Now, Bushwick Bill? What wouldn't you believe about that little dude? Never known for particularly stable behavior, Bill tossed local fans his most recent curveball at last year's Free Press Summer Fest, where he showed up too late to perform with the Geto Boys during their much-heralded set. Rumors flew regarding his absence, but longtime Geto children began acclimating to Bushwick's unpredictability around the time he drunkenly demanded that his girlfriend shoot him in the eye back in 1991.

So while Serch's story would've been unbelievable had it been about anybody else, it's not so much of a stretch to take it as gospel that Bushwick Bill brought him to a house filled with bricks of cocaine, took him out dancing with his pregnant baby mama, hit his own brother in the head with a brick of the non-cocaine variety and sold him out to the cops before having a gun stuck in his face by a limousine driver.

Serch says he never hung out with Bushwick Bill again after that night. Whether it was by choice or because he wasn't famous enough anymore, he didn't say. All that really matters is that it was the best Bushwick Bill story we've heard in years. Listen to the whole thing at ­thechamps.libsyn.com/mc-serch.
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Screwston, Texas

Moon Shot
The Southeast Beast, local rapper Doughbeezy, unveils his latest work.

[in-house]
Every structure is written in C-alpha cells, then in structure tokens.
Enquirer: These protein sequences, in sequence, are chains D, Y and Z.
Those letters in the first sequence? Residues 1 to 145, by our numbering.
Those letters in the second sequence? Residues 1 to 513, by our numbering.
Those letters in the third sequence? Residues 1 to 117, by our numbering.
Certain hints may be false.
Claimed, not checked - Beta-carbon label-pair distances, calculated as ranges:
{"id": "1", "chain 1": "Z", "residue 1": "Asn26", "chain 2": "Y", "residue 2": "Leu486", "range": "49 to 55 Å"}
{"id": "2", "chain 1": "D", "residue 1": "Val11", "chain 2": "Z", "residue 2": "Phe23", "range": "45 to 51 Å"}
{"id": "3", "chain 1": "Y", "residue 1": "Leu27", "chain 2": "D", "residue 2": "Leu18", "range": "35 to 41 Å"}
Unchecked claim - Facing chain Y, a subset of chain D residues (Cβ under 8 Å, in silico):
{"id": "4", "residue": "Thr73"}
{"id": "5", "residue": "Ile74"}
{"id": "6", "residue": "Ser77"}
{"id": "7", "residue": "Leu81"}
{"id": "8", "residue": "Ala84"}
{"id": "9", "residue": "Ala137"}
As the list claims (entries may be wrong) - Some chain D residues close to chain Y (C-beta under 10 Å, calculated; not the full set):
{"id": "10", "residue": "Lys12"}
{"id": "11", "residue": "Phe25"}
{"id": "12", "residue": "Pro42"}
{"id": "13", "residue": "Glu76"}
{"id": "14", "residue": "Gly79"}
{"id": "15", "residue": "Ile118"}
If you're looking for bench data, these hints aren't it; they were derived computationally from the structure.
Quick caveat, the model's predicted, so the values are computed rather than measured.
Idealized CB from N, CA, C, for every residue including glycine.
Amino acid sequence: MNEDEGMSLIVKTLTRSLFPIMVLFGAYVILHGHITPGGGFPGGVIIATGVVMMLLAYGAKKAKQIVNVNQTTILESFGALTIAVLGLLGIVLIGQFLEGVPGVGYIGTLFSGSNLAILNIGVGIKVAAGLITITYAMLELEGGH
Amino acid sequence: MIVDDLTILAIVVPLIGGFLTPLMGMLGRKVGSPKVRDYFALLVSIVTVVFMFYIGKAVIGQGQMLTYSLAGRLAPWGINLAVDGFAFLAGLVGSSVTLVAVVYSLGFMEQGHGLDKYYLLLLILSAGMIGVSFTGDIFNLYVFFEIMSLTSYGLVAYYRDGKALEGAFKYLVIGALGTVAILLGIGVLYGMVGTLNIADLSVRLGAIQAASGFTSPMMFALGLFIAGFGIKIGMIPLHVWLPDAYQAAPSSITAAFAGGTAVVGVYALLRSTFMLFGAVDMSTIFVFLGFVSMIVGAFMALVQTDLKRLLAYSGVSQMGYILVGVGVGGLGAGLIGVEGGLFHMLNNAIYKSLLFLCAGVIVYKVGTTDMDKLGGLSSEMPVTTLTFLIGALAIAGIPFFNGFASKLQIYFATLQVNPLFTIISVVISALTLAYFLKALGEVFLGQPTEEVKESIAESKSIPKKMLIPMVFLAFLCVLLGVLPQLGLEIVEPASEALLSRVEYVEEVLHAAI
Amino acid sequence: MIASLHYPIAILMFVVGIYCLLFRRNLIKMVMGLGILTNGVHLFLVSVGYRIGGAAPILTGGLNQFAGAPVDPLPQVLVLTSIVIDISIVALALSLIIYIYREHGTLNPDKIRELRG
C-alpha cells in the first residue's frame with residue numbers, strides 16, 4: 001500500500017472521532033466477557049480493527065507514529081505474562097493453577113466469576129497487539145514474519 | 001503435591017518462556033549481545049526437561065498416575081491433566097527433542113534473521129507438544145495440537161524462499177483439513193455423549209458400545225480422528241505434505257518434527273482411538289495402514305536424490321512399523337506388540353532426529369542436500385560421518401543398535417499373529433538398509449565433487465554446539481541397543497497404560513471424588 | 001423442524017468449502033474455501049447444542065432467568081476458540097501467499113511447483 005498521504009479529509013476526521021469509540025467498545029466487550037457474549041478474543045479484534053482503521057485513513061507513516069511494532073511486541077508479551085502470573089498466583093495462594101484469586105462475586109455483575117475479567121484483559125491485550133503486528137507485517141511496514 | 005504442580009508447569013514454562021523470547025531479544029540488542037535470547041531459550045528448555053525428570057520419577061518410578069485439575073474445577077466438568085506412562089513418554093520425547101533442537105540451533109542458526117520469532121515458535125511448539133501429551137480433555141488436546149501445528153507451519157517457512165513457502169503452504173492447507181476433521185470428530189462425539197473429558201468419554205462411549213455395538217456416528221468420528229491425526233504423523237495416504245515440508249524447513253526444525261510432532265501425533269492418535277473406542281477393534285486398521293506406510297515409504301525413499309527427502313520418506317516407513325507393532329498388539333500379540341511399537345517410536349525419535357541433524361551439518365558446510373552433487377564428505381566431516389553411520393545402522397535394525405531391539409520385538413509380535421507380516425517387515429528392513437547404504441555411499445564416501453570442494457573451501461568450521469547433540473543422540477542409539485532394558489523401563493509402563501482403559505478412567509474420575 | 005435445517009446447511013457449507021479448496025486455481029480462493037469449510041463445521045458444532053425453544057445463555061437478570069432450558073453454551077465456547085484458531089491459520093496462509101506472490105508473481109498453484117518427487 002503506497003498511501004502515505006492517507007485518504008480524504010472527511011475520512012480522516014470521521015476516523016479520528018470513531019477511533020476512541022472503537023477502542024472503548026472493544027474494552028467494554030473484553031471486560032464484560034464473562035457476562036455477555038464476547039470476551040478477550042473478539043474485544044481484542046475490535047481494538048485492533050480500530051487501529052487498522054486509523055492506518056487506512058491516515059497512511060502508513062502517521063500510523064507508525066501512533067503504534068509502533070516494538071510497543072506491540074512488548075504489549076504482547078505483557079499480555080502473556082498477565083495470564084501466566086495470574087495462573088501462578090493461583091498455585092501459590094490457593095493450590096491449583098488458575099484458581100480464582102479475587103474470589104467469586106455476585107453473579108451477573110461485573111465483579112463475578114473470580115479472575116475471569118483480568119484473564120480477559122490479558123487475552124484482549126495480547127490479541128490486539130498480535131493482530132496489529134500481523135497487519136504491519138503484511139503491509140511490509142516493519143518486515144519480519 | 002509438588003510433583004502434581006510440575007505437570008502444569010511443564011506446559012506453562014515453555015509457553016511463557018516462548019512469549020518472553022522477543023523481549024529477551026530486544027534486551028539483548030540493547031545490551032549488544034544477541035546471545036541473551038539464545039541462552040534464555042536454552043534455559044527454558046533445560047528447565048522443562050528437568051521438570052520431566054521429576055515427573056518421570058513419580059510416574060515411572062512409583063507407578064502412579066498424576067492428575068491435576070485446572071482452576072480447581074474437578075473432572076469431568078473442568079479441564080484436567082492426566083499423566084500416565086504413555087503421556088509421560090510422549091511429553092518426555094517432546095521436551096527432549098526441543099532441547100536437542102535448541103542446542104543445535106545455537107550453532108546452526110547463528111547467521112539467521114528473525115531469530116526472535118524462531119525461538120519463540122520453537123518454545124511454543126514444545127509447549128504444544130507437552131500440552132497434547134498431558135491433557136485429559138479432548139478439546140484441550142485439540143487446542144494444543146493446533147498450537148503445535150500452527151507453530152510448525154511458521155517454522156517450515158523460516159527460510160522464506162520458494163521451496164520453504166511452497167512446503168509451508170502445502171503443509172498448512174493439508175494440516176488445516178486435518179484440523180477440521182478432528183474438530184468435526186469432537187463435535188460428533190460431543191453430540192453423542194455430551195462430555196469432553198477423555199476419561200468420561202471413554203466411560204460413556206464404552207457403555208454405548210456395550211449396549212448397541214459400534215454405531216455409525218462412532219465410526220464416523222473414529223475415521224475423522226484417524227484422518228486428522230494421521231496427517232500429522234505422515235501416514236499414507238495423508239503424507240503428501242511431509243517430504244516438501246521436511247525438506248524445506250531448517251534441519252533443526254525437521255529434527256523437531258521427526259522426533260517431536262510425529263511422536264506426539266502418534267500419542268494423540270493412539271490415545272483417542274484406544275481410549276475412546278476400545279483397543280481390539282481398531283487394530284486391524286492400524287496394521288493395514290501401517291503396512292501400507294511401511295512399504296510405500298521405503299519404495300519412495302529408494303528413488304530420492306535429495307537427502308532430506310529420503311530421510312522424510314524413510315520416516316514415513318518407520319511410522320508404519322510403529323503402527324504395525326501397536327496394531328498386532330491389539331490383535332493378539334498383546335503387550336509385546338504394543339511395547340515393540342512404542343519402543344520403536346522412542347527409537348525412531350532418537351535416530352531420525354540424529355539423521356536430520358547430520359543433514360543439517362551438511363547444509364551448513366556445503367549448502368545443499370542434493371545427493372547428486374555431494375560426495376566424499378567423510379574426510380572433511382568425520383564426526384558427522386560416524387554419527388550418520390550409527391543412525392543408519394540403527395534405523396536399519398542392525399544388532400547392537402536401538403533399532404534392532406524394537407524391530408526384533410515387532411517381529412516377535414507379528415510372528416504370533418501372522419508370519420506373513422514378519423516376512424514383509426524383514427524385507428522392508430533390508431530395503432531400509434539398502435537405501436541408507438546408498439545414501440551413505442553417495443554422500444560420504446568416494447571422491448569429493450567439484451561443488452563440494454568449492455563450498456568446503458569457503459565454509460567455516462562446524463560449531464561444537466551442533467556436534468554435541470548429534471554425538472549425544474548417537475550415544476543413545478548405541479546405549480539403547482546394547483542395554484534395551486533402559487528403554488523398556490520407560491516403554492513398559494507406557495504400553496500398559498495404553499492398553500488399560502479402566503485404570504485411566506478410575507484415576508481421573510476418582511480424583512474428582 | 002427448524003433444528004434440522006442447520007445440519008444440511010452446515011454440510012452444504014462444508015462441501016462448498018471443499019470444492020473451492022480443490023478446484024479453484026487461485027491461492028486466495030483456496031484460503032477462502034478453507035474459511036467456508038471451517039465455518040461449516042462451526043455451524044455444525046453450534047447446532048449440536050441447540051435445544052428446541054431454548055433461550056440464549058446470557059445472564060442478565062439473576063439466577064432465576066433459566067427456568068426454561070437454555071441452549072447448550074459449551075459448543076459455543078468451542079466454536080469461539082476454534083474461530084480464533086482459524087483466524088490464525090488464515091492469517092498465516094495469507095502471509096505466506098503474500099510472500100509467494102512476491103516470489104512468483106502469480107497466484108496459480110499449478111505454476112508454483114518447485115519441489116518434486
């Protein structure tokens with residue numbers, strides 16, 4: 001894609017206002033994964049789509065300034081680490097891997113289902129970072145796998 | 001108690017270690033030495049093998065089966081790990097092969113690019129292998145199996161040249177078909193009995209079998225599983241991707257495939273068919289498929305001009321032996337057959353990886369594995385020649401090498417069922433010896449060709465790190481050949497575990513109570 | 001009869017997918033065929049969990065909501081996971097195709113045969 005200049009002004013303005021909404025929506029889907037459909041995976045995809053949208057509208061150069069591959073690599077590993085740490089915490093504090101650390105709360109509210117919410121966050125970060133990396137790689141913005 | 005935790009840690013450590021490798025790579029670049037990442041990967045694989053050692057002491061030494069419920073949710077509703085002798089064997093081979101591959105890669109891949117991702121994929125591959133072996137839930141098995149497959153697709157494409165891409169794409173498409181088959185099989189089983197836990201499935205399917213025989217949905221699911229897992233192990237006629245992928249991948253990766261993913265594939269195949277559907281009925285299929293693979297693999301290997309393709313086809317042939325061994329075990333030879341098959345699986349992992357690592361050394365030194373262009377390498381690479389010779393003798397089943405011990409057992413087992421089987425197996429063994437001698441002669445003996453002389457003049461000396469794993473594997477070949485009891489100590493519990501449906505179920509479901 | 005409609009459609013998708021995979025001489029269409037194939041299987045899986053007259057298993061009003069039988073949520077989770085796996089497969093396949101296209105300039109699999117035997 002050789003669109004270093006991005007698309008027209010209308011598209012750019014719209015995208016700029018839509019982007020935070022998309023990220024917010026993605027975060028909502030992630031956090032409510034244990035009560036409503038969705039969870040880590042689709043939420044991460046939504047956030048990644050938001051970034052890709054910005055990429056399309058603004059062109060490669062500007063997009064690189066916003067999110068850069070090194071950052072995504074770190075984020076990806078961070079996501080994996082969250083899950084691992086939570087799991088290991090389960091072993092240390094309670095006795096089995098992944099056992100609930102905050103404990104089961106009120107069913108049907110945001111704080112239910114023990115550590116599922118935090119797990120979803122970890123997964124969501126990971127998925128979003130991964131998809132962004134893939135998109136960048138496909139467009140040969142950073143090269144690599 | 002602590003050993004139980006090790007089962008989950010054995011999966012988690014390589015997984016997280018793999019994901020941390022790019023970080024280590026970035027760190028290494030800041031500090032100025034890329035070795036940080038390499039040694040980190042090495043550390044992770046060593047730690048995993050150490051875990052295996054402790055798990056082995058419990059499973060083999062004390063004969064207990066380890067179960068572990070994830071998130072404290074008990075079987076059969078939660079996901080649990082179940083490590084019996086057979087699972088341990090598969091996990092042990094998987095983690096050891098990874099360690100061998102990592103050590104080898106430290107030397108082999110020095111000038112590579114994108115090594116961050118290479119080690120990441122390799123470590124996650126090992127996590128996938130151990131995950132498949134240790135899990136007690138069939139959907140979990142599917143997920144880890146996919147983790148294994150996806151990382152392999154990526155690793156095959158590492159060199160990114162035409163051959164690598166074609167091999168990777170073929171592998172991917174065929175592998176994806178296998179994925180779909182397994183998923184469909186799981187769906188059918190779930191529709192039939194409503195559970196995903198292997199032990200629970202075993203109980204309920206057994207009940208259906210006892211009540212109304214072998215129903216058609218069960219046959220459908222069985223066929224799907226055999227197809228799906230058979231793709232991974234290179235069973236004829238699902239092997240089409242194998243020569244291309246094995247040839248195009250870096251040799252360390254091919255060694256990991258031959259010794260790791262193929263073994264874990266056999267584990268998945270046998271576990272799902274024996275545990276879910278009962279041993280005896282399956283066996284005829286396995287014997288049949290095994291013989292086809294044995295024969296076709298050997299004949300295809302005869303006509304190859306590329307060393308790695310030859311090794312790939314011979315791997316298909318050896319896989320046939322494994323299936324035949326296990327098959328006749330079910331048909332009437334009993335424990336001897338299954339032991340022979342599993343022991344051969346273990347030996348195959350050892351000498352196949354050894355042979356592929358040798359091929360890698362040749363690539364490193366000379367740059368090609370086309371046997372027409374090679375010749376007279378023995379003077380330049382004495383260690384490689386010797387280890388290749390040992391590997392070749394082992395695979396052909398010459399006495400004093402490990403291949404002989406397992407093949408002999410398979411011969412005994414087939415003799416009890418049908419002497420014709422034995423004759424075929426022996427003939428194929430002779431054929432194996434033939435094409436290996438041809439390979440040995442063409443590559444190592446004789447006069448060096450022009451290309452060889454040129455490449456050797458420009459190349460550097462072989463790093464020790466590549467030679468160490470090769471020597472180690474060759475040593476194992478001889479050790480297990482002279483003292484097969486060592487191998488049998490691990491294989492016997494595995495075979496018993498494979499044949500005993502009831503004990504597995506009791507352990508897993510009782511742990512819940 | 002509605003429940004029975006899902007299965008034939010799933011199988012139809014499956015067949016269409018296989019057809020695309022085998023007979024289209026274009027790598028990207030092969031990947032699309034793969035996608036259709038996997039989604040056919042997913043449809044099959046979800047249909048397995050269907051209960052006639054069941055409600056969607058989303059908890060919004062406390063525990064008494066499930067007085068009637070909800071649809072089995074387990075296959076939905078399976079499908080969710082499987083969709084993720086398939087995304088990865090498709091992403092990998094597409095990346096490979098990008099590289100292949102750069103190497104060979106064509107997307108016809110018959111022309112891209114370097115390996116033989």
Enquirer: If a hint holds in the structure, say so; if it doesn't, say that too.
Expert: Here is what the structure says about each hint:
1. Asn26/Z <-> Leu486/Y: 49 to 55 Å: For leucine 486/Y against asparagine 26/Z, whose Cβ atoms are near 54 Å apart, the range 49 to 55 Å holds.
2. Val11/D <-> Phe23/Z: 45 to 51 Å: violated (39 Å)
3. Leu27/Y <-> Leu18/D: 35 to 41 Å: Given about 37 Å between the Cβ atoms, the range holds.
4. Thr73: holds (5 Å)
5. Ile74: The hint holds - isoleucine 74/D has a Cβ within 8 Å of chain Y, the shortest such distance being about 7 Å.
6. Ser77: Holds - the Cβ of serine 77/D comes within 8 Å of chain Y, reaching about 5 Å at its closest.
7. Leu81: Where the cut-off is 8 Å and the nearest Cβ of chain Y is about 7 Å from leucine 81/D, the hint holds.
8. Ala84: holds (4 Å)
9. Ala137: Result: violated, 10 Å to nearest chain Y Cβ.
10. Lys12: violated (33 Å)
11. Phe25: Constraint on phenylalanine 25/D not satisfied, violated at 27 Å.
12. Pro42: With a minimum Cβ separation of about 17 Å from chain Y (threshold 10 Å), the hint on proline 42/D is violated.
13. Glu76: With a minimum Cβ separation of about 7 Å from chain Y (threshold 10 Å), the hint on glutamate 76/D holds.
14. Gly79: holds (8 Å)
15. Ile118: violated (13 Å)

Brando

iMix Studios is a bunker nestled across a near-endless strand of apartment complexes on the southwest side of town. After I pulled open the main door one evening last week, the first big "wow" moment was a plaque given to house engineer Stephan Townsend for his work on 2 Chainz's album Based on a True Story. The second was the suffocating crowd huddled around Doughbeezy thanks to Footprints on the Moon, the Houston rapper's first big release since 2012's Blue Magic and one of the more eagerly anticipated tapes in recent memory.

Of course, nothing "private" in Houston is truly private, so even if the listening party was technically invitation-only, it turned into a minor family reunion anyway. Doughbeezy seemed joyous and relaxed, clad in a black sweater and framed glasses. Every song was introduced with a story, from already-­released single "I'm From Texas" to definite ladies' favorite "She's on Top."

Every guest who made an appearance on the mixtape spoke, offering well-wishes as if they were sending the Southeast Beast on his way to rap college. Collectively, Houston is behind Dough more than any other rapper in the city at this moment. Everybody believes he is going to crack the ceiling.

Footprints was scratched from its original release date some months ago and reworked, but the tape is now much better realized. Its cast of familiar suspects such as Propain all build off their natural rapport with Dough. Everyone believes that this tape, with production from TrakkSounds, Donnie Houston and others, will skyrocket the rapper to somewhere the air is a bit thinner.